Sleeping at least 7 hours is vital for our overall health, especially when it comes to reducing the risk of type 2 diabetes. To regulate your sleep cycle, you can set a bedtime reminder and an alarm wake up at the same time every day.
Plus, you can monitor your blood sugar before you go to bed. Keeping your blood sugar within the target range at night can ensure that your sleep will not be affected by blood sugar fluctuations at night.
- Adjust your diet for better blood sugar
Our diet plays an important role not only in providing our body with adequate nutrition for optimal functioning, but also in reducing the risk of diabetes.
Start by reducing your carbohydrate intake at each meal. Include foods that are low on the glycemic index, which are slowly digested and absorbed into the bloodstream, causing smaller spikes in your blood sugar. Broccoli, carrots, cauliflower, lentils, kidney beans, chickpeas, and quinoa are a few low GI foods that you can easily include in your diet.
Healthy fats, primarily unsaturated fats, promote healthy blood cholesterol levels and good vascular health. To get your daily dose of these, take a tablespoon of olive oil with each meal. You can also opt for sunflower and canola oil, nuts and seeds, and fatty fish like salmon and mackerel.
Watch your body to avoid diabetes
By monitoring your blood sugar levels, you will be able to better understand your body and make corrective decisions more quickly. While you’re at it, you should also pay attention to a few other biomarkers, like HRV and your sleep data, to make sure everything is in order.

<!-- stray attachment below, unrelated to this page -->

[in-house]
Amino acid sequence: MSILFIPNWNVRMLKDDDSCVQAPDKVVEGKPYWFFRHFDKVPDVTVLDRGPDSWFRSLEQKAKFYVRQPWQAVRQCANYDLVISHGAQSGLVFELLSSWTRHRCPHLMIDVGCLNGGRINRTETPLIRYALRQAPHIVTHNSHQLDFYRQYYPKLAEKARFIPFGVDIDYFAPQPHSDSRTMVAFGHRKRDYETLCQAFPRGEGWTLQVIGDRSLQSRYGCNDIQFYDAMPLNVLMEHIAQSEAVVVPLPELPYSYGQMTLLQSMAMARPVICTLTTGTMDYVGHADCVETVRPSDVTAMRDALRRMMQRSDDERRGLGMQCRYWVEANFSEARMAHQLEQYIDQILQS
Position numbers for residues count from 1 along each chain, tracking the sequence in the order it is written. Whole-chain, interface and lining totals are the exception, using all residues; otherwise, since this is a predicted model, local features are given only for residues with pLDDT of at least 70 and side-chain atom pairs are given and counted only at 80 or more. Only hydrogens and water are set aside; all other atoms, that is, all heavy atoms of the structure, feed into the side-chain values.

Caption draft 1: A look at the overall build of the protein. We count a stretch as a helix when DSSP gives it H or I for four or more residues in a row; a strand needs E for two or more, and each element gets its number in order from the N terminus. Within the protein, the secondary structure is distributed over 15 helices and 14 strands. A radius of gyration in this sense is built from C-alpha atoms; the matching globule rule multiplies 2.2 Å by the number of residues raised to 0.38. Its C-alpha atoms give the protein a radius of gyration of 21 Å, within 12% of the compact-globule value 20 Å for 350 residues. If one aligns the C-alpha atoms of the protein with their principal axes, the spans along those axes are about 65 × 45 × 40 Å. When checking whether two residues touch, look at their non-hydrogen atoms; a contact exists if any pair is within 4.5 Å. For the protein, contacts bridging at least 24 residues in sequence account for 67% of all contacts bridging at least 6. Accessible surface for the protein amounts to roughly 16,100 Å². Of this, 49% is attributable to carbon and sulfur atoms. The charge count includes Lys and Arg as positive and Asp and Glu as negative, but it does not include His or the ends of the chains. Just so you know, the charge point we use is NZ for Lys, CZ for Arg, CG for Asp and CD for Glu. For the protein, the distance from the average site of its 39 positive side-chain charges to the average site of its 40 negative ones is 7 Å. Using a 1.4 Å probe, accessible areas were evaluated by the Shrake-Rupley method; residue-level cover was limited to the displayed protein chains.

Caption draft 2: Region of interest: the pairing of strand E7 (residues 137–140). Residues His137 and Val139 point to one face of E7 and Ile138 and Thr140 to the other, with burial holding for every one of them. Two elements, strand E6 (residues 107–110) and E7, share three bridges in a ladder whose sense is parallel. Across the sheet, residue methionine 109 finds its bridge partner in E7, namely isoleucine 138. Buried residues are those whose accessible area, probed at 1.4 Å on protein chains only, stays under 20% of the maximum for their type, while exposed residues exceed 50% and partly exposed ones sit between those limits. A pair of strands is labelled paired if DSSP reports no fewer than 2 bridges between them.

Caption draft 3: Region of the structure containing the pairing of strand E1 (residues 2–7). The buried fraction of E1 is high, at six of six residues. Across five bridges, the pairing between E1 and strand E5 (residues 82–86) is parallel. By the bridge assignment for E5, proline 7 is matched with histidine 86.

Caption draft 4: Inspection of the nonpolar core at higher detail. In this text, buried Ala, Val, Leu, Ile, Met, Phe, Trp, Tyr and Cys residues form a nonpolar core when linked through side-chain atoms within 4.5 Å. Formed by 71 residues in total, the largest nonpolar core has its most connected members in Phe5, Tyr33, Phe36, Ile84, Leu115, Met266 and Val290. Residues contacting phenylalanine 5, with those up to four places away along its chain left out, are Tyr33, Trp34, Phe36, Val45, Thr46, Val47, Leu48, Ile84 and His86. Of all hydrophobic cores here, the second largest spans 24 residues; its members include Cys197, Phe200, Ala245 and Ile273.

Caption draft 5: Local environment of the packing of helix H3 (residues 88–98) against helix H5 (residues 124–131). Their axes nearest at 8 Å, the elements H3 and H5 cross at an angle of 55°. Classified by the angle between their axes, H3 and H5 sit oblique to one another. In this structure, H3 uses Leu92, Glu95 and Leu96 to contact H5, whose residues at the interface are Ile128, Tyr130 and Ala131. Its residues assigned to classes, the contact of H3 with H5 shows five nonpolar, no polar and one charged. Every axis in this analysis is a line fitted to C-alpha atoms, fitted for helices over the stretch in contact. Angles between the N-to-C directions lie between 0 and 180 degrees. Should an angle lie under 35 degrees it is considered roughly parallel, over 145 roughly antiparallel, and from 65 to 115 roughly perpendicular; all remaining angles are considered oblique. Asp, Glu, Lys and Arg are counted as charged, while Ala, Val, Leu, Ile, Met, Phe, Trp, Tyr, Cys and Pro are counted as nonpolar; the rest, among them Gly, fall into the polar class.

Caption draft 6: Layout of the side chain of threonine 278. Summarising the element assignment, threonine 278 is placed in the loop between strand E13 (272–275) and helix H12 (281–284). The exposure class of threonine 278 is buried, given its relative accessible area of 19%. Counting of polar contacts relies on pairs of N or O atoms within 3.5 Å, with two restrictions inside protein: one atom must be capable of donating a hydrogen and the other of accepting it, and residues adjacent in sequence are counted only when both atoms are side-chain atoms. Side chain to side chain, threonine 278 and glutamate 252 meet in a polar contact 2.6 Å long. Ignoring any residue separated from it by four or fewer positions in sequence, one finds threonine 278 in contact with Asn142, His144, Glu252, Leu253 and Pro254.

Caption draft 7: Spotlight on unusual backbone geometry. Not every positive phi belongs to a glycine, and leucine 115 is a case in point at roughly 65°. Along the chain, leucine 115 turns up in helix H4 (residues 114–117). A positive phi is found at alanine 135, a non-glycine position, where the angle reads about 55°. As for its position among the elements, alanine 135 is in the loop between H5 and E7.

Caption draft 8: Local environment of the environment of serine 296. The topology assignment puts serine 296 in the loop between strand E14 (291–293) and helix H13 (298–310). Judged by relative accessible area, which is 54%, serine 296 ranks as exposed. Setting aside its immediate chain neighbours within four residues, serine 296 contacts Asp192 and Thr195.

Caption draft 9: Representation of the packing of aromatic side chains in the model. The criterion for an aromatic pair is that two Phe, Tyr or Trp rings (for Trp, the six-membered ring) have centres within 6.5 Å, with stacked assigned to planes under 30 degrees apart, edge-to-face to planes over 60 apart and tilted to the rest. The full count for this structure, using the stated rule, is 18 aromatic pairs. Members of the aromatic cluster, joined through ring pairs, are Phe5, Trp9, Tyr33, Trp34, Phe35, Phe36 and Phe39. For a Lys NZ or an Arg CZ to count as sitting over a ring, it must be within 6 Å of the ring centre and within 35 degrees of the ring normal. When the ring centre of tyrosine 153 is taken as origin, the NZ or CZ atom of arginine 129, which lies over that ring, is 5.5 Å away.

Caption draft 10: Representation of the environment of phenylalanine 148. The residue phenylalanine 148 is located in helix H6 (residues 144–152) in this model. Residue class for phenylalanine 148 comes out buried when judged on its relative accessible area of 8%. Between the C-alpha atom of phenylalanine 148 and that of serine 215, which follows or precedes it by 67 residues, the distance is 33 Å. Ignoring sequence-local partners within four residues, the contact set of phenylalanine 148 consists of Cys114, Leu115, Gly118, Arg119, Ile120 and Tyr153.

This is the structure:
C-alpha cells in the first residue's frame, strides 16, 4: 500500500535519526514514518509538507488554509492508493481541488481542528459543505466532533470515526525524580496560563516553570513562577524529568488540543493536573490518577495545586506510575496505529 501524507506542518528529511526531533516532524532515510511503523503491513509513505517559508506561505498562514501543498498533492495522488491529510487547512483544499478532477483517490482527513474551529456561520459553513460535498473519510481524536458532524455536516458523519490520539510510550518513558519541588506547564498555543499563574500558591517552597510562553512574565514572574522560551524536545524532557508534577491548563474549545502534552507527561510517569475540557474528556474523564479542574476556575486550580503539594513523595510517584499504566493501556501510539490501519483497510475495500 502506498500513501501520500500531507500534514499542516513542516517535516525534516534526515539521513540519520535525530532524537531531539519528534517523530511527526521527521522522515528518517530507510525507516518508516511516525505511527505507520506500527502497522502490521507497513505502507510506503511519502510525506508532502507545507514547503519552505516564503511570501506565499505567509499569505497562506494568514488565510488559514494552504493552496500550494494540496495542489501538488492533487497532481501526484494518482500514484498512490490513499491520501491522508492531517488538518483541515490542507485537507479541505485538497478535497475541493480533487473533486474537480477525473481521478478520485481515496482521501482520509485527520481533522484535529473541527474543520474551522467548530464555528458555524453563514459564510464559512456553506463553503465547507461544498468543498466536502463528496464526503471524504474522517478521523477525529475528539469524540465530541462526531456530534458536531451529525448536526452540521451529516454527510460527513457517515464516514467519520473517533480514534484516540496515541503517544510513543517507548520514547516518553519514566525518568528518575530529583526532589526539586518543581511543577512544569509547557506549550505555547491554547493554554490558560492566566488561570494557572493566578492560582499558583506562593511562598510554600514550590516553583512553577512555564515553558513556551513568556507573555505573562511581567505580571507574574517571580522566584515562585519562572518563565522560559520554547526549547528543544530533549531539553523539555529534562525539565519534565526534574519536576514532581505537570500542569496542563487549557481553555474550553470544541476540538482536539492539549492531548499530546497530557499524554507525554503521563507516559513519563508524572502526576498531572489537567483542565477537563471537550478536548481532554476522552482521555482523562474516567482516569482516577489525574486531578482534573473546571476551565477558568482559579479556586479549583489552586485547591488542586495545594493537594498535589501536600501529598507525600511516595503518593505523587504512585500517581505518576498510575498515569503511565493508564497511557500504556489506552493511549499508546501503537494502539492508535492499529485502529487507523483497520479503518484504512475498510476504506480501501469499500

- Rely on daily glucometer screenings
Continuous glucose monitors (CGMs) and blood glucose meters (BGMs) are commonly used to measure blood glucose. You should measure before and after meals, after training, and after sleep to check for fluctuations in glucose levels.
- Rely on blood tests to understand your risk
Blood tests can help predict type 2 diabetes. Here are some you should do regularly:
- The A1C test is a simple blood test that measures your average blood sugar over the past 3 months.
- The fasting blood glucose test is another common test to measure sugar level after an 8-12 hour fasting window.
- High uric acid levels or hyperuricemia can predict type 2 diabetes.
- Liver enzyme tests specifically targeting ALT levels can indicate a potential risk for type 2 diabetes. Liver function test is also useful in evaluating NAFLD which can also lead to type 2 diabetes.
- Another blood test that can detect potential risk for type 2 diabetes and cardiovascular disease is one that measures C-reactive protein.
- Finally, please test your fasting insulin levels. Rising levels can be one of the first signs of insulin resistance and action can be taken years before a formal diagnosis of the disease.
- Use your smartwatch to measure heart rate variability data
HRV is the change in the time interval between heart beats. Studies have shown that healthy people with low HRV are more likely to develop type 2 diabetes. A high HRV score at rest indicates better health.
Trust your sleep with sleep devices
Tracking your sleep in its different phases (REM and NREM) can let you know if you are getting the required amount of rest, which can reduce the risk of type 2 diabetes.
The opinions expressed above are those of the author.